This article started a tangent that is not entirely topical, but I am going to use this reply to formulate those thoughts anyway.
I am one of those sick of the culture wars. I do not expect them to accomplish anything more than a drug which targets the symptoms and not the sickness. It is true we have a fight to fight, but the war waged in the political arena is not it. We are called to train minds and change hearts: politics does not do that. Politics encourages narrow-mindedness and hard hearts. I am strongly opinionated on a lot of political issues, and the days in which I debated these points with others didn’t do anyone any good. Arguments do not change anyone’s mind and politics is just one great big argument.
Now, understandably some issues like abortion need to be legislated. If abortion is murder, as Catholics and most other Christians contend, then it ought to be illegal. But gay marriage is not an issue that should be contended with politically.
There are a lot of reasons. The first is the whole problem with the political process, even when you win, you loose. Catholics are not a political party. Even if we win and we pass the laws that we know are morally right, we have lost. Because our job is not to legislate morality, but to teach it. As soon as our faith becomes tinged with political zeal, it does not matter how right we are because when we prove that we are correct, we alienate and push further away the very people we need to reach. A political victory can only hurt evangelization. If I am gay, and I can associate what I view as hateful behavior with the Catholic Church, why would I consider it? In the same way that our personal experience teach us the reality of Christ, the personal experiences of those we are fighting in the political arena is going to teach them to distrust Christianity. There is no victory in alienating a whole swathe of the population from considering Christianity just to stop a political process.
I think everyone can see the alienation, but even so most insist that the sanctity of marriage be preserved. And they are right; marriage is a sacred convenant between God, man, and woman. No other way, no substitutions. So we need to ask ourselves then, what on Earth is the government doing in the marriage business anyway? Why are we allowing those little rubber stamped papers they issue to be associated with marriage. Marriage is a sacrament administered by the Church. The government has nothing to do with it. Even if gay rights proponents win, they are really only winning the right to redefine a word: they are not changing or desecrating the sacrament of matrimony.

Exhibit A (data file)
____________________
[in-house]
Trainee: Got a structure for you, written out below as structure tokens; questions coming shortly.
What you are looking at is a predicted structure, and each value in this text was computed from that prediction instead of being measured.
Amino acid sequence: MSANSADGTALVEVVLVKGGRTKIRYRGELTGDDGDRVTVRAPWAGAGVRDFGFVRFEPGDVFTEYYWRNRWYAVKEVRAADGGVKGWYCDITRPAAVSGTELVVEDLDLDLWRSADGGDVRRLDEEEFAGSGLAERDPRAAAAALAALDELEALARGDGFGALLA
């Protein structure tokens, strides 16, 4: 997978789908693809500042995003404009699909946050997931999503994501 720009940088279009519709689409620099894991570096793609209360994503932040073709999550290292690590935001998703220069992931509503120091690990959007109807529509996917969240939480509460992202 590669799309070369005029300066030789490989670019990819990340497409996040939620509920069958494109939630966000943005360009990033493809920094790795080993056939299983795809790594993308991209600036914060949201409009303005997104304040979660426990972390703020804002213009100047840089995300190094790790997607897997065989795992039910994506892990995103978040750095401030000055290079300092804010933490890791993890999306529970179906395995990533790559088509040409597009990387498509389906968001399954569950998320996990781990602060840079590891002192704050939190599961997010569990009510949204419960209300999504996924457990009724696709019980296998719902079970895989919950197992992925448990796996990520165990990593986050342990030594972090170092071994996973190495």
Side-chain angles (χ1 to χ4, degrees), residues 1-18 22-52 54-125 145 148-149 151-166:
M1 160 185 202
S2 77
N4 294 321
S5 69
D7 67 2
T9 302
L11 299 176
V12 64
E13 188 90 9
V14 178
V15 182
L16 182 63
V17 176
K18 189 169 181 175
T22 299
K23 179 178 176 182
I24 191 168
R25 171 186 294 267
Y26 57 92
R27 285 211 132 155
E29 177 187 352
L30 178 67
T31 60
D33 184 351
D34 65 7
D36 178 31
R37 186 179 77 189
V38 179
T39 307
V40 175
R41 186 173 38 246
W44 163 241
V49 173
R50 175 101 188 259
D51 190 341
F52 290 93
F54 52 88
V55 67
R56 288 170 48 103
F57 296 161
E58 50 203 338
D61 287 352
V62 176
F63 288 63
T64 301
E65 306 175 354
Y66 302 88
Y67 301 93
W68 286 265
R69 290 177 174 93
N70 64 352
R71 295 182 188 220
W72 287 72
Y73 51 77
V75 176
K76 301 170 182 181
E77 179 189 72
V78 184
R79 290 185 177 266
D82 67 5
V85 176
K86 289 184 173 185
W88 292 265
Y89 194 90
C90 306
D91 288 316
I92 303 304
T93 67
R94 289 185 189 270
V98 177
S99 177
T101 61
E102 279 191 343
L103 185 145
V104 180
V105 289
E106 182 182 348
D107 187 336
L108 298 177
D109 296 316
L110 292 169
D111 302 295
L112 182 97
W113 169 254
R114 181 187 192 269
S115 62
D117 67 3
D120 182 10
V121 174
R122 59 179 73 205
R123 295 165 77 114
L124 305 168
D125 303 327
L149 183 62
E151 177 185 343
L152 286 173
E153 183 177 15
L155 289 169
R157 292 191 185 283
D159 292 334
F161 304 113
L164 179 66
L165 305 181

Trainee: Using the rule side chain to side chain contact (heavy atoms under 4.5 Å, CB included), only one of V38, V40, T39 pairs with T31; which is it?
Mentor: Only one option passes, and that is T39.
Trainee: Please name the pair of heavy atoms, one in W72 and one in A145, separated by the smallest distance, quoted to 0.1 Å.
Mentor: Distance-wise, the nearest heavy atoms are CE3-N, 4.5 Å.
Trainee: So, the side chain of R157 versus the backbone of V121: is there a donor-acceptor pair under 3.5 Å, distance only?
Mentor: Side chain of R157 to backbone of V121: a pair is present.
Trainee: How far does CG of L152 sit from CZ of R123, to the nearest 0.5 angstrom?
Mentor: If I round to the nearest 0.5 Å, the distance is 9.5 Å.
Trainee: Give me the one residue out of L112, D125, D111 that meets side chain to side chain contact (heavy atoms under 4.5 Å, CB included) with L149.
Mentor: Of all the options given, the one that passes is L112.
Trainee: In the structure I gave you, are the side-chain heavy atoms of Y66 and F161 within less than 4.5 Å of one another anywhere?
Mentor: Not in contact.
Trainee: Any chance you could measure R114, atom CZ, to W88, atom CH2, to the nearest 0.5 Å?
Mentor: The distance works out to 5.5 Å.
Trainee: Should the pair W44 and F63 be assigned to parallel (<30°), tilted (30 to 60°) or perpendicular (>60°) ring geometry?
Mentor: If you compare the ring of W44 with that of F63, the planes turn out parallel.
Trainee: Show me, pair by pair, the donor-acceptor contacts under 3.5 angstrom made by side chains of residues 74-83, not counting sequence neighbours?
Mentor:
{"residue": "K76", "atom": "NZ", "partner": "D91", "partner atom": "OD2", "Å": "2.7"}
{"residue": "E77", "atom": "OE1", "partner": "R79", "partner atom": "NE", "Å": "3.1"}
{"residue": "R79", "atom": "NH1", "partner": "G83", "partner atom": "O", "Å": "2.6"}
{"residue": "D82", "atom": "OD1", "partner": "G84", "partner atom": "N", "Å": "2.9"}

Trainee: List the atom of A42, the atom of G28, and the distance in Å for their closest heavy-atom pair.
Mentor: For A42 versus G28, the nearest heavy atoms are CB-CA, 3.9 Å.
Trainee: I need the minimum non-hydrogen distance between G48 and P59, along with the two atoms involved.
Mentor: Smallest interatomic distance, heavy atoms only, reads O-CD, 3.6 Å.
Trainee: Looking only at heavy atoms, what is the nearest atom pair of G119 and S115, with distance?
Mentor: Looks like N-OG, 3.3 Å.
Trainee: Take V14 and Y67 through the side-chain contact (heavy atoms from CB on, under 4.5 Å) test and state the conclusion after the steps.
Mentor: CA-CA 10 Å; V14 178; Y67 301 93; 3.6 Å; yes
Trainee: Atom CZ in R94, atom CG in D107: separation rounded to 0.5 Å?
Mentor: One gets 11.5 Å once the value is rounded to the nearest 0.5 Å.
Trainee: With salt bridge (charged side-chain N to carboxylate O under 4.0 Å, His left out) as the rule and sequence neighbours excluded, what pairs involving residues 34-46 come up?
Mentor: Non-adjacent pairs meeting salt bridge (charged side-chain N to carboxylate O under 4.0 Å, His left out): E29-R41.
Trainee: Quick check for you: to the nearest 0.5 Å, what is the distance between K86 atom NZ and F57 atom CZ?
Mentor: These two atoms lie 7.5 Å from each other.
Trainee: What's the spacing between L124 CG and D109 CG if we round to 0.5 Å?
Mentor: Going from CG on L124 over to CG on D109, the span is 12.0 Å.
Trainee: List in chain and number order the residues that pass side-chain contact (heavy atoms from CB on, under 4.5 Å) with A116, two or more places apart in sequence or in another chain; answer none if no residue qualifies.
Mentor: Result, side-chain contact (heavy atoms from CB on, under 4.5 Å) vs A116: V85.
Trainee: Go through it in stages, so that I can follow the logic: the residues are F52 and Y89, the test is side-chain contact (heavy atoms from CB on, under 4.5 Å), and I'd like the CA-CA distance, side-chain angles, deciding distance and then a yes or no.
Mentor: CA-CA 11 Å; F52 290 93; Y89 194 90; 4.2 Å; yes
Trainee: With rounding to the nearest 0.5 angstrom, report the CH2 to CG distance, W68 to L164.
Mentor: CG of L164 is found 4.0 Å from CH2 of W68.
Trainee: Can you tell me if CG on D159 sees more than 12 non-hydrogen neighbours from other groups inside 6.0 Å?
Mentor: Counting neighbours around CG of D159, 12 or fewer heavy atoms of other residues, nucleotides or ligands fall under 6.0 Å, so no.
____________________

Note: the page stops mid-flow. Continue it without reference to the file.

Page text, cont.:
The fact that marriage is a sacrament administered by the church really ought to give us pause too. If there is a political fight here for Catholics and Christians, it is not a fight to keep the gays from marrying. It is a fight to keep the state from having anything to do with marriage. If we truly believe marriage a sacred thing, we ought to get the most unholy of institutions out of it.
And the final thought on these whole culture wars is, look. They are going to win. As long as we make this a political battle we are fighting on their terms, on their ground. And when we loose, not only will they have more fuel to make us look archaic and backwards and evil, but we will undoubtedly have failed to live up to what the Catechism when it says:
“They must be accepted with respect, compassion, and sensitivity. Every sign of unjust discrimination in their regard should be avoided”.
I don’t think a Catholic priest informing them he will not marry them is discrimination. But denying them civil rights is discrimination, and that is what the state is doing when it grants a marriage license: it is granting certain civil rights and privileges. I don’t think gays should marry nor condone homosexual behavior, but I do think that there are homosexual couples that love each other greatly and denying one of them the right to see the other on his or her deathbed is immoral. And as it stands, those rights are given in what the state calls a marriage certificate. As much as we may be opposed to homosexuality, we cannot deny the possibility of genuine feeling in such relationships nor that something such as visitation rights should not be denied them.
The way it stands, our Culture War is a loosing war because our opponents set the battlefield and we march in. We are playing by their rules and fulfilling their expectation of the Church to be the big bad, hypocritical hater. We aren’t that. But when you are fighting in the mud, you will get dirty. Why should we stoop down to this sort of fight? We know the way we our to fight our enemies, as Christ exemplified and St. Paul said: ut if thy enemy be hungry, give him to eat; if he thirst, give him to drink. For, doing this, thou shalt heap coals of fire upon his head.
by Luke Moon
From the Institute on Religion and Democracy
It might surprise some of you that I don’t wake up every morning thinking about new ways I can hate on gay people. Nor do I spend all day making signs of aborted babies. I also don’t check the immigration status of the person sitting next to me on the bus. (Yes, I ride the bus and sometimes I even commute by bike, how’s that for Creation Care?) I suspect I am like many of you.
I also hate the culture war!
Wouldn’t it be nice if we all just live in peace. If we just understood that every idea and action was perfectly acceptable. We wouldn’t have to draw lines, give labels, make moral judgments, there would not be any for or against, right or wrong, instead we could all just “be.”
I am told that all…
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